Sometimes it's not just the wrestler who is in the wrong place at the wrong time for a championship reign, but the physical title belt acts as a constant reminder that something is just off. CM Punk had that when he carried around the maligned 'spinner belt' for his 434-day reign despite proclaiming it 'ugly', and Mr. Anderson (Mr. Kennedy in WWE) had it when he carried around Jeff Hardy's alternate TNA World Title instead of the official championship belt.
Of course, the belt suited nobody but Hardy himself in its design, and Anderson looked out of place.
He should have been enjoying his first official World Heavyweight Title run in a major U.S. promotion.
14 Batista - WWE Championship (2009)
Usually when a serious injury occurs WWE cleverly makes the best of a bad situation, either writing the wrestler out to someone's benefit or having a surprise title change that keeps fans on their toes. What they don't usually do is put the championship on someone they know is going under the knife soon, only to have to vacate the championship immediately afterward. Well, that's what happened for Batista's first ever WWE Championship reign.
He defeated Randy Orton inside a steel cage at Extreme Rules 2009, and vacated the WWE title less than two days later despite WWE knowing full well he was injured and about to need time off.
13 Dolph Ziggler - United States Champion (2017)
Dolph Ziggler has maintained a consistent level of quality in his WWE tenure, exemplified by the statistic that he has held a title every year since 2010. The closest he came to missing out was last year when out of nowhere, with zero momentum, he suddenly captured the United States Championship in the middle of December. This was an interesting development that was literally throw away when Dolph chucked the title down and declared he was done.
Dolph has subsequently said that this was supposed to make an interesting impact with an extended absence, but he just popped back for the Royal Rumble a few weeks later, nullifying everything the aborted title reign was supposed to accomplish.
12 Braun Strowman - Money In The Bank/GRR 2018
Not a championship but both 'titles' you can earn nonetheless, Braun Strowman's Money In The Bank/Greatest Royal Rumble wins this year had potential but came to such nonsensical endings that you know that whatever plan was in place had been thrown out and replaced with gibberish by its conclusion.
Not only did WWE have to continually write themselves out of plot holes over Braun not cashing in when he should, but it ended when he handed away the opportunity for a conventional championship shot at Hell In A Cell.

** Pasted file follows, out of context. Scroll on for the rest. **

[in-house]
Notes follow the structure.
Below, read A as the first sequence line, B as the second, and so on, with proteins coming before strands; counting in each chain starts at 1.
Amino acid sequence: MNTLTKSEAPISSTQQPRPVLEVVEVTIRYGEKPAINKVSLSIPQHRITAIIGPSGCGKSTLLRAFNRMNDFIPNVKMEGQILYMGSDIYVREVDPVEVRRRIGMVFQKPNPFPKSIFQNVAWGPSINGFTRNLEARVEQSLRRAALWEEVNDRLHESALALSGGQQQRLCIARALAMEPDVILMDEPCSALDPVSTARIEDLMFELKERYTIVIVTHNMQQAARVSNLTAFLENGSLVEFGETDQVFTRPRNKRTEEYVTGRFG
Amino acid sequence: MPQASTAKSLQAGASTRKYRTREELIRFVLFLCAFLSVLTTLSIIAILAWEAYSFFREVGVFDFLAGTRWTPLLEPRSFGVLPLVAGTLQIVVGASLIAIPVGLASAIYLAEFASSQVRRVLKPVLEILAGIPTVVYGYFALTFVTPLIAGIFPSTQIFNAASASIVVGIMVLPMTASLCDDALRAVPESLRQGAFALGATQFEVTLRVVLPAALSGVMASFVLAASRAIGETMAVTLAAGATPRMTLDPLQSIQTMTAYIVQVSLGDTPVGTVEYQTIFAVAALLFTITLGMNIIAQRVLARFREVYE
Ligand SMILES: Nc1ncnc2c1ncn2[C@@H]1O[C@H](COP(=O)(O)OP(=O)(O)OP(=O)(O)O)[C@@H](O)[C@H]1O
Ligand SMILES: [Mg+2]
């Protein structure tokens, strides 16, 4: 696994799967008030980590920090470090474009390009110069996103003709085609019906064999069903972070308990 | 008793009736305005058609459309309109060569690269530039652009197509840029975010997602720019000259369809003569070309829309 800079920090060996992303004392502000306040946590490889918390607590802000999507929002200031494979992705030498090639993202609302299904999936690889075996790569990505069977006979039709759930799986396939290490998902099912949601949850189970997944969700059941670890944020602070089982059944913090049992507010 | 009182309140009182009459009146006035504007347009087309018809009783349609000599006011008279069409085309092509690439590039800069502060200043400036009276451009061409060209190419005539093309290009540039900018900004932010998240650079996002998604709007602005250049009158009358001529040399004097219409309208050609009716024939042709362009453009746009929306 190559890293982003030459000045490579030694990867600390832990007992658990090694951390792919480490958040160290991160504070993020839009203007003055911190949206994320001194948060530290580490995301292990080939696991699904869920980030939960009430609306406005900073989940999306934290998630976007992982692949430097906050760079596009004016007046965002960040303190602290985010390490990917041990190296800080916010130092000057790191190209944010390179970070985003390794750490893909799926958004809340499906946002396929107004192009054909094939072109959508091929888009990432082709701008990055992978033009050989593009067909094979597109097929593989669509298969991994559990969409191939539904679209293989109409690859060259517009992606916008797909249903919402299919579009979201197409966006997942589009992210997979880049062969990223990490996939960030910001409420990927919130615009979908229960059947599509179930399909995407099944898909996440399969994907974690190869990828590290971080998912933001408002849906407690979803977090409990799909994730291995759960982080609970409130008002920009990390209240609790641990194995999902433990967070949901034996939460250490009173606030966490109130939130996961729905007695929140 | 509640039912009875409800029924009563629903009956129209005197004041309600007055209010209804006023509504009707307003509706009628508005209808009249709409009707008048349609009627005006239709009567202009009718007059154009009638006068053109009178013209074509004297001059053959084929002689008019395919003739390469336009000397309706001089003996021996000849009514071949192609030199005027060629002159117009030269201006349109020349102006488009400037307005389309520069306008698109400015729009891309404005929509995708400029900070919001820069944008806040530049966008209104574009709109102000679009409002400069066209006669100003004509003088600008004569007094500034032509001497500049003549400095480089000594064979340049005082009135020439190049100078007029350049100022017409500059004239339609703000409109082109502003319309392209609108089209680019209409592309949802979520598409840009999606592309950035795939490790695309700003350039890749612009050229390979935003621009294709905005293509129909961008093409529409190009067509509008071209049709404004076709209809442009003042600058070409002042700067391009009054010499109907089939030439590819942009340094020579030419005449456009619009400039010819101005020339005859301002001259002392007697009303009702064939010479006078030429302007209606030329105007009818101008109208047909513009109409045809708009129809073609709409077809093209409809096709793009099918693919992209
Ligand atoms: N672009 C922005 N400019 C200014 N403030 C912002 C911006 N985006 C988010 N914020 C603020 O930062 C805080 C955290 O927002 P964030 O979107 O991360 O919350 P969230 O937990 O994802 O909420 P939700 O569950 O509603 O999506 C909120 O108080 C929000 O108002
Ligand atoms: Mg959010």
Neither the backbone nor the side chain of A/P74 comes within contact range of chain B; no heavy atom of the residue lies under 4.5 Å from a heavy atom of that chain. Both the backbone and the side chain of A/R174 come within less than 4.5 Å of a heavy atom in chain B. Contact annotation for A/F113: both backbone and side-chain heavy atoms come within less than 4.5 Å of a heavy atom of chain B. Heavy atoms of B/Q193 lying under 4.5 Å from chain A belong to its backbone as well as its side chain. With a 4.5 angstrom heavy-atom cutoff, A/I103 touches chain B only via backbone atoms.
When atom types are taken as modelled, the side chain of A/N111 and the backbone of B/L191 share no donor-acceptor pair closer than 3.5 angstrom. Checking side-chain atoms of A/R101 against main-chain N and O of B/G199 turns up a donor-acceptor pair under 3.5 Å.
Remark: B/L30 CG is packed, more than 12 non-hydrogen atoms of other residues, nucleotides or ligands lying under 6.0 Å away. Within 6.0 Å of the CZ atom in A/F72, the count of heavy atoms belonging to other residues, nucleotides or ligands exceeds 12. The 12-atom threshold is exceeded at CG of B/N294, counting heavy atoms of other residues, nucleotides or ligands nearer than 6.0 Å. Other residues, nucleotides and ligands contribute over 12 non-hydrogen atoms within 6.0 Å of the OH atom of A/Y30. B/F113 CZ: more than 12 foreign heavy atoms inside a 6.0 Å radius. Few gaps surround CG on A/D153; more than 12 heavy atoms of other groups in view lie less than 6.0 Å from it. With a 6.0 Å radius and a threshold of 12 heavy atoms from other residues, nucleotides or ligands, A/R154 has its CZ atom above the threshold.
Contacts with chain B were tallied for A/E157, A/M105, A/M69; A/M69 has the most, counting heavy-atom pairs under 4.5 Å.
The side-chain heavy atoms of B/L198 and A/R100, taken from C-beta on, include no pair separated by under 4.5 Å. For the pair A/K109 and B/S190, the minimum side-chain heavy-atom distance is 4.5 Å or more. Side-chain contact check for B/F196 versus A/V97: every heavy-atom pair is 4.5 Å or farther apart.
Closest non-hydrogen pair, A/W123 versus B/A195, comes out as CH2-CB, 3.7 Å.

Anyone else would've either been more interesting or less stupid in the end, and Braun could've done all his chasing the same way without either. A waste of old and new conventions.
11 Shinsuke Nakamura - United States Championship (2018)
A consolation prize in every definition of the word. Shinsuke Nakamura maintained a level of aura within WWE throughout his NXT run, but when he lost back-to-back WWE Championship tilts against Jinder Mahal, things began to go off the rails. His feud with AJ Styles disappointed, and WWE decided that to stop the bleeding they'd have Shinsuke hold the U.S. Championship, but by then it was clearly being offered as a flotation device.
He's had no clear feuds since winning the belt, with Randy Orton having a weird feud 'around' him, but it's looking like whatever chance Nakamura had to be considered a World Champion in WWE is over. And unfortunately, the United States Championship was the symbolic nail in that coffin.
10 Randy Orton - World Heavyweight Championship (2004)
A title reign that completely derailed Randy's momentum, turned the WWE audience against him, and stalled him out from holding any major title for two and a half years. Many overlook all of that because Orton can claim to be the youngest World Champion because of it, but it was terribly executed and any benefits from it completely belonged to Triple H and then Batista.
Not only can WWE not use the footage from the win because of Chris Benoit's involvement, but Randy Orton was made to look foolish, losing the title straight away to Triple H as an obvious transitional foil. He got exposed by fans turning on him for appearing more petulant rather than defiant in his fruitless pursuit of the title.
9 John Cena - WWE Championship (2017)
This one was just a meaningless notch to bump up Cena's overall number of title reigns and there's no other way to look at it. The inevitability of Cena's win at the time made the match with AJ Styles fall flat compared to their previous outings and simultaneously cut off Styles' much more important first WWE Championship reign.
Despite what eventuated with Bray Wyatt's subsequent title run, if he'd ended a more significant reign like Styles' it would've meant more. Instead, Cena had a two-week hiccup of a run that is a footnote at best.
The entire exercise revolves around matching Ric Flair's recognized amount of title reigns, and it felt exactly as transparently cynical as that implies.
8 Rusev - United States Championship (2016)
This one is on Rusev because it was such a carbon copy of his first reign which was fated to end at the hands of Cena before it began, whereas this one was destined to run into the Roman Empire from the get-go. Rusev continually plays above his level, bringing genuine comedy and sympathy to roles as few others can, and yet WWE sees him as little more than the foreigner to be eaten by patriotic good guys.